2008 was a year we lost a lot of talent in the film industry and in the fields of comedy and music. Of said talent, the comedy business and film industry took a major blow when comedian/actor Bernie Mac passed away after a battle with pneumonia, and the music business mourned the death of soul legend Isaac Hayes from a suspected stroke. Although these legends didn't end on what some would call a high note with their last film Soul Men, it's obvious they went out in style.
The unexpected death of the lead singer for a formerly famous trio dubbed The Real Deal reunites two of the band's out of shape singers, Louis Hinds (Jackson) and Floyd Henderson (Mac), to sing a tribute song in honor of their dead friend. Stopping for gigs at cities along the way and resolving past issues, the two become closer than ever.
Samuel L. Jackson and the late Bernie Mac gleam with energy and their performances are certainly upbeat. But with an uninspired plot and large amounts of foul language, Soul Men isn't exactly music to the ears. All in all, there isn't a whole lot of comedy to be found in this music-assisted buddy flick. However, it's great to see the spirit in Bernie Mac (who is gifted with some good lines and hilarious facial expressions) that shows his last movie was one that he could relate to and enjoyed making.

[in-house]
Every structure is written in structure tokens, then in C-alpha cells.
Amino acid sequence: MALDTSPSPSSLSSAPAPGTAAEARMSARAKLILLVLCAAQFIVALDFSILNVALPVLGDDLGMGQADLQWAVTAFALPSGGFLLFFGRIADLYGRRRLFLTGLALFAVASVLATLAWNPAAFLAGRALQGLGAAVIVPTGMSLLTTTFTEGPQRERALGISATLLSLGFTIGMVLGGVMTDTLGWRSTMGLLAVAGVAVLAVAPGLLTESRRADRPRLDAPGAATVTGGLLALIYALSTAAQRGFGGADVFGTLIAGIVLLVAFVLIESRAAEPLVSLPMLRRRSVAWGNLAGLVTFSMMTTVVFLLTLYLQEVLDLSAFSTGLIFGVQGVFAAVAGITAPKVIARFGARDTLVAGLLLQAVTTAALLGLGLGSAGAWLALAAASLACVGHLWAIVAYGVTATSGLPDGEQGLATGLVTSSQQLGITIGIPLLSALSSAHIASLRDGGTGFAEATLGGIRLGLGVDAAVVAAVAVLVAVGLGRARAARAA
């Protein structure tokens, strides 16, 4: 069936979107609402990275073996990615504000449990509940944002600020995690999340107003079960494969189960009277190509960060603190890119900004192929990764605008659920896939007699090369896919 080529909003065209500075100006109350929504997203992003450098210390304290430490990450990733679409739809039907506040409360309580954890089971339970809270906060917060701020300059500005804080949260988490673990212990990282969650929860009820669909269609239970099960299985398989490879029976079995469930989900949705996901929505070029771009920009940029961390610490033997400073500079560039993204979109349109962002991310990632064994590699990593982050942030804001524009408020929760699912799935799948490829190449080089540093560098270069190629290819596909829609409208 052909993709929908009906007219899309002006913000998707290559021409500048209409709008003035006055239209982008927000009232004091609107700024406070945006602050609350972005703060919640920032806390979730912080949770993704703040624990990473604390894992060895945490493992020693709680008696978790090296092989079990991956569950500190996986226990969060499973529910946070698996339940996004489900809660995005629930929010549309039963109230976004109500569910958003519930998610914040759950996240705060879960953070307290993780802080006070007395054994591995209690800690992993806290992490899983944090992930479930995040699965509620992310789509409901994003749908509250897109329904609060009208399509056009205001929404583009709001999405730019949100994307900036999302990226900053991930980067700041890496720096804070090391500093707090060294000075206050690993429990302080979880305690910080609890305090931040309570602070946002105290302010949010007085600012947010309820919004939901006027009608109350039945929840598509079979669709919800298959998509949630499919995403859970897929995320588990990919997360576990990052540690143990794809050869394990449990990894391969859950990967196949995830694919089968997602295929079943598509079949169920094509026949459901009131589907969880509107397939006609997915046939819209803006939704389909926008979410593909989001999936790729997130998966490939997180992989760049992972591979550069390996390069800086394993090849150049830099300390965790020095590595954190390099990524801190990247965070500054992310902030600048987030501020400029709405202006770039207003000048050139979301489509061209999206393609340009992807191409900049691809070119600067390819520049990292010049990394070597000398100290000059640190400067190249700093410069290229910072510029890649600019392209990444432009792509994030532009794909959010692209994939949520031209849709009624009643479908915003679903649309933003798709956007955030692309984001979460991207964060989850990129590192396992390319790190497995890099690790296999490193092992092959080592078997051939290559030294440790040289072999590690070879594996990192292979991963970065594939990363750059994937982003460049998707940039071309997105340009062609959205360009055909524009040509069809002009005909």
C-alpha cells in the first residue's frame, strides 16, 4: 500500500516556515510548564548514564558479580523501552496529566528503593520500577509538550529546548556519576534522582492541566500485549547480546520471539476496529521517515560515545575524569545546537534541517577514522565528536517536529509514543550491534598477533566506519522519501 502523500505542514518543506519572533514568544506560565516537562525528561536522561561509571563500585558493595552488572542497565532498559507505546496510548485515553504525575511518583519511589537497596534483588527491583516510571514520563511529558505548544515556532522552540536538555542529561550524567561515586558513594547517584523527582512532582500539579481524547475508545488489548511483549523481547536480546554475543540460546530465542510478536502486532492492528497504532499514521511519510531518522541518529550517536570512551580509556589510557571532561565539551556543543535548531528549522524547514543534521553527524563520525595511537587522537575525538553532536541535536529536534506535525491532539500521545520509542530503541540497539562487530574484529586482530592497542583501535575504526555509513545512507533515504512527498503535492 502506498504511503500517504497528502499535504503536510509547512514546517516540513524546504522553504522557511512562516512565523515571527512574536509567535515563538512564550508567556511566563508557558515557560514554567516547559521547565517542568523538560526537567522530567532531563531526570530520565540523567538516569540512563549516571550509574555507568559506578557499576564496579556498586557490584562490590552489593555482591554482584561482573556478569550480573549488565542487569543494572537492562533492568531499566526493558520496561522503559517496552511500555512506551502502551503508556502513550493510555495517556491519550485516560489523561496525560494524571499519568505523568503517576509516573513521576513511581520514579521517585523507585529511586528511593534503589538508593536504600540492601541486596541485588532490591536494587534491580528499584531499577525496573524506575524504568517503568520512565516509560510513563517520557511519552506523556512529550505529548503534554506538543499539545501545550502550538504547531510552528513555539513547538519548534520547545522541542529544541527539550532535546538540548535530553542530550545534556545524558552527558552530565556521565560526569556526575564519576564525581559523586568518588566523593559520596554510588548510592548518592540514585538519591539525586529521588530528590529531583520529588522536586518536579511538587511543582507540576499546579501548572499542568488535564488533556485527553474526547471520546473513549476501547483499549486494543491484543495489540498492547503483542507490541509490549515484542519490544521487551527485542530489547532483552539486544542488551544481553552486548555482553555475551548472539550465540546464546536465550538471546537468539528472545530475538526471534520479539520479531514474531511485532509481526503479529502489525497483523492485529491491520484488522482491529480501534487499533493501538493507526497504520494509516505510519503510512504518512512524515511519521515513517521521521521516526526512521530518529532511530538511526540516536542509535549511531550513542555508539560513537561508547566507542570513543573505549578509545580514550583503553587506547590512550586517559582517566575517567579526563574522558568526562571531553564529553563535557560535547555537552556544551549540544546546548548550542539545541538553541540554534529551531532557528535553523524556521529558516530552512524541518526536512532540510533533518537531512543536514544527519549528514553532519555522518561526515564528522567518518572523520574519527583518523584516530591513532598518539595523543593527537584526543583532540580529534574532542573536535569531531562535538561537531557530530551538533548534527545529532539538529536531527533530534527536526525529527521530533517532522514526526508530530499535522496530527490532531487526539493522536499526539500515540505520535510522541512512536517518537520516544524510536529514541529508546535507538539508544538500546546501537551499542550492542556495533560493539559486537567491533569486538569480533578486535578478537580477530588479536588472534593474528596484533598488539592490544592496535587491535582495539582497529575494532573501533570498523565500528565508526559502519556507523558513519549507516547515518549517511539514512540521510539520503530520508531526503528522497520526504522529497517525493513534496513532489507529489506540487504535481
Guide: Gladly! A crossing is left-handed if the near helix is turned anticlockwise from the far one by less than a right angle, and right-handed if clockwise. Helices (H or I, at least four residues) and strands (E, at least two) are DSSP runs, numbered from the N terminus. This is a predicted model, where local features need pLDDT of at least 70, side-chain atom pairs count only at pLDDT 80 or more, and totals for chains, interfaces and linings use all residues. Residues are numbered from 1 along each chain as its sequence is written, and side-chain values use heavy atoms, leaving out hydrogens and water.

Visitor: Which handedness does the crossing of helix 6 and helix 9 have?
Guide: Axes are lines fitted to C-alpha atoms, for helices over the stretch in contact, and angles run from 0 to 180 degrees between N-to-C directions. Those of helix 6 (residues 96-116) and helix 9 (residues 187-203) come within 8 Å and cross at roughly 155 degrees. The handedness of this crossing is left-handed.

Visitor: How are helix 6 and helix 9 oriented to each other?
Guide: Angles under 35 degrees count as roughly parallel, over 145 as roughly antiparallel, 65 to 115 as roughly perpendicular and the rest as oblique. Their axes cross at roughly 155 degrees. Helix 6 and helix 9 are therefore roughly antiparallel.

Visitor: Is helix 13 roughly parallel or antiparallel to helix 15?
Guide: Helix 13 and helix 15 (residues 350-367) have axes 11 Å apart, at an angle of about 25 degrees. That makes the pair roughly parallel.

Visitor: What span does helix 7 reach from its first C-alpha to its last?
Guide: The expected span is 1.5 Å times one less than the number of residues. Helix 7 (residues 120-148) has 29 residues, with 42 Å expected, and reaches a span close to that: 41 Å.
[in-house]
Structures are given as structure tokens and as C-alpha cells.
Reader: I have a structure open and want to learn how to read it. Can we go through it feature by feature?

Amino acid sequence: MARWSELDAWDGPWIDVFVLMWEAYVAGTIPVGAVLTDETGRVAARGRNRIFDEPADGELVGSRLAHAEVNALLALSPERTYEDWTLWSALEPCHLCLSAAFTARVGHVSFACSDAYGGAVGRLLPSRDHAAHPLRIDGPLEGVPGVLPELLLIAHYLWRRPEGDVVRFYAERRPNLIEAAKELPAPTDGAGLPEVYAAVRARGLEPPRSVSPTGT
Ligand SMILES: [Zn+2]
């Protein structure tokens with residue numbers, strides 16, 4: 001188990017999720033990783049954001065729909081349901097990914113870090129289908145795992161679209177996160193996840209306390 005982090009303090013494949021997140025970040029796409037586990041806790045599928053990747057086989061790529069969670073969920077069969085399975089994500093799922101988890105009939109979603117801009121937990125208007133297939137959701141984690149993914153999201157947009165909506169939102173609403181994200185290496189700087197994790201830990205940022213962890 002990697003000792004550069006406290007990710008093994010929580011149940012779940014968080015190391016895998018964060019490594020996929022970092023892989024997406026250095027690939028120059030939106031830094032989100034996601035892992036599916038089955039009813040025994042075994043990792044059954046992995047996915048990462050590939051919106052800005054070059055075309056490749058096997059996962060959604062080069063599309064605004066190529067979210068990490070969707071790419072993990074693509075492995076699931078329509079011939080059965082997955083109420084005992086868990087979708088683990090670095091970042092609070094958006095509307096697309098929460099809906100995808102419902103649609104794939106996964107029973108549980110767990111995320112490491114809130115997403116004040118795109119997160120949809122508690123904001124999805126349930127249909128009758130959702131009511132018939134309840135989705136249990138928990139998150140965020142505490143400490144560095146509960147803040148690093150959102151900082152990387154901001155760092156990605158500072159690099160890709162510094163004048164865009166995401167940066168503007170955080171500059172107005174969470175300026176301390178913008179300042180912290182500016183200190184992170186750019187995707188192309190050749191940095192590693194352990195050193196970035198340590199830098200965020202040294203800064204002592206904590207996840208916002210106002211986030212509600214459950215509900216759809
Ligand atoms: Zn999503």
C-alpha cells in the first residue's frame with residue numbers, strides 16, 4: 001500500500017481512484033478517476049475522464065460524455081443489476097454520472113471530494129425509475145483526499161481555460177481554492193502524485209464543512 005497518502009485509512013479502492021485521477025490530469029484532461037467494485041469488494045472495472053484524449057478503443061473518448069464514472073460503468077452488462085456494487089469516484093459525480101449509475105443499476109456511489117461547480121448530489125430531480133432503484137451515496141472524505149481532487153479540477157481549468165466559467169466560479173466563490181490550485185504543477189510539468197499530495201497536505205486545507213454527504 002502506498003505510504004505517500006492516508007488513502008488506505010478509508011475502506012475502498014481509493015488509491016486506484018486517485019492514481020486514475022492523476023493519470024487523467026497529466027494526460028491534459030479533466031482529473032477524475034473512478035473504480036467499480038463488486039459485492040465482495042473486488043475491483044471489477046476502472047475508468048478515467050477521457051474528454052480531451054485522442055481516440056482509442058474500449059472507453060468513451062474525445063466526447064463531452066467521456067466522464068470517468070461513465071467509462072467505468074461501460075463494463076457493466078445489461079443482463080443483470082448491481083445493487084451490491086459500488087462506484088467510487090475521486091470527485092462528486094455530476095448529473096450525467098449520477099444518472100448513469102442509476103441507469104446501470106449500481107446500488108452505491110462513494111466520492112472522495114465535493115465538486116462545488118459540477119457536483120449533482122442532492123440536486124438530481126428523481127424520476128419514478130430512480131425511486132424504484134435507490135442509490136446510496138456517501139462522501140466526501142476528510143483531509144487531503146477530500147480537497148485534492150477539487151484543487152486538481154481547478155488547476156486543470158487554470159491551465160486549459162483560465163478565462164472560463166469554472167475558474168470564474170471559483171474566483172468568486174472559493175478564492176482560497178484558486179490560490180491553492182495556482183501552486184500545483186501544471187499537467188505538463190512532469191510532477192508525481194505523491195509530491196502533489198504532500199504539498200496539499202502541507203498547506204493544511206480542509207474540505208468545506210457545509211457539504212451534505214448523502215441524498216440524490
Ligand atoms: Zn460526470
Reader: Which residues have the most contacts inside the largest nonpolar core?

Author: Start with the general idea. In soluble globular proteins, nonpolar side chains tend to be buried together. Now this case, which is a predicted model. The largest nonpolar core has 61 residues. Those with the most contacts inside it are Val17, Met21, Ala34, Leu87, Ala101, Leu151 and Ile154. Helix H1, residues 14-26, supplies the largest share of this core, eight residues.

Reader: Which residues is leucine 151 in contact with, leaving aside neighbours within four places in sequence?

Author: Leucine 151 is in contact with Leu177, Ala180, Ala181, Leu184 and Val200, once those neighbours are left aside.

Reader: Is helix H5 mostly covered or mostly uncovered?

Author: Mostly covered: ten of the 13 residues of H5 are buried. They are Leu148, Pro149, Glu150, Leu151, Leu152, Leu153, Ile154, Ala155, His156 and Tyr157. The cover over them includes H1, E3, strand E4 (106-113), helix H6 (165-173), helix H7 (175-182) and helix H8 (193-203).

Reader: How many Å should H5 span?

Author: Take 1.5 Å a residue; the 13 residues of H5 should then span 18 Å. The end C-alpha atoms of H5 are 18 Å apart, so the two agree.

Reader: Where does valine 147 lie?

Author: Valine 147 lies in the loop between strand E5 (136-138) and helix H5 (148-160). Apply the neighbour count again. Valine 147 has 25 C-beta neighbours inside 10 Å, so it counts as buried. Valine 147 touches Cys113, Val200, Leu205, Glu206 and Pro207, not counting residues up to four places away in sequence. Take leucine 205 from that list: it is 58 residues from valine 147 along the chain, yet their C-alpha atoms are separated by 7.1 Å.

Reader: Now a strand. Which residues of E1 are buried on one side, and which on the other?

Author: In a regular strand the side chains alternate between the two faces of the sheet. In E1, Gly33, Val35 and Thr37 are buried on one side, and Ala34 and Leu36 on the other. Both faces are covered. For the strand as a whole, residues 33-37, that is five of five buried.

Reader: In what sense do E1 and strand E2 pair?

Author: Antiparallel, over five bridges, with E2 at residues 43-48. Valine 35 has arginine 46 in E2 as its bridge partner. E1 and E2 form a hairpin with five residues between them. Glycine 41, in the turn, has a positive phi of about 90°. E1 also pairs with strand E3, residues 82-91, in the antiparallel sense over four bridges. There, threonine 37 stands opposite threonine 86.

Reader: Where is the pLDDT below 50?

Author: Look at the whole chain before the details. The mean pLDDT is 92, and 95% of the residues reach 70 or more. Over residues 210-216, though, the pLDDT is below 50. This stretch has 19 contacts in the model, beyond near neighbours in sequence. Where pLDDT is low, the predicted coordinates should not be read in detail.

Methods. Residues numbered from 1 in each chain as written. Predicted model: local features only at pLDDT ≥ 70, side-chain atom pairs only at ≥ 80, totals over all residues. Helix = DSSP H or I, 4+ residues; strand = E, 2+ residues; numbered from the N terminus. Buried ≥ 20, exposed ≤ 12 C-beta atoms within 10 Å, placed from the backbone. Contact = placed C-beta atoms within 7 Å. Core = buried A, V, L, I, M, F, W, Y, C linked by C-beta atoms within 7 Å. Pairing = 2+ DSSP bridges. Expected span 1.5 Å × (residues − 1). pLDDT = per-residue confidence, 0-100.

Director Malcolm D. Lee (Undercover Brother, Welcome Home Roscoe Jenkins) skips teenage-based comedy and turns to the rude and crude sexual humor that this generation of moviegoers loves and hates. Some of the comedy here is too broad, but doesn't go without hitting its mark from time to time.
Soul Men has talent and it shows on occasion. It all depends on what type of humor you desire. When it's not being the sporadically funny and toe-tapping entertainment it aspires to be, it's a rather offensive, predictable, and somewhat sappy story of misguided friendship. Unless your definition of funny is myriad amounts of mother-effers and cliched sexual jokes that revolve around prolonged erections and denture removal, you might want to reconsider.
It goes without saying that having a film featuring two late, great legends is a treat all its own. It's just a shame that things didn't work as well as expected as this could have been much better. Nonetheless, Soul Men is a showcase for Bernie Mac's talent and features some toe-tappin' soul music.
Bernie Mac and Isaac Hayes were good men with big hearts and the special features on Soul Men prove it. Included is commentary by director Malcolm D. Lee and writers Matt Stone and Rob Ramsey, two magnificent tributes to both Bernie Mac and Isaac Hayes, interviews with the cast and crew, "Boogie Ain't Nuttin': Behind-The-Scenes", "Bernie Mac at The Apollo", and a theatrical trailer for Soul Men.Powered by Sidelines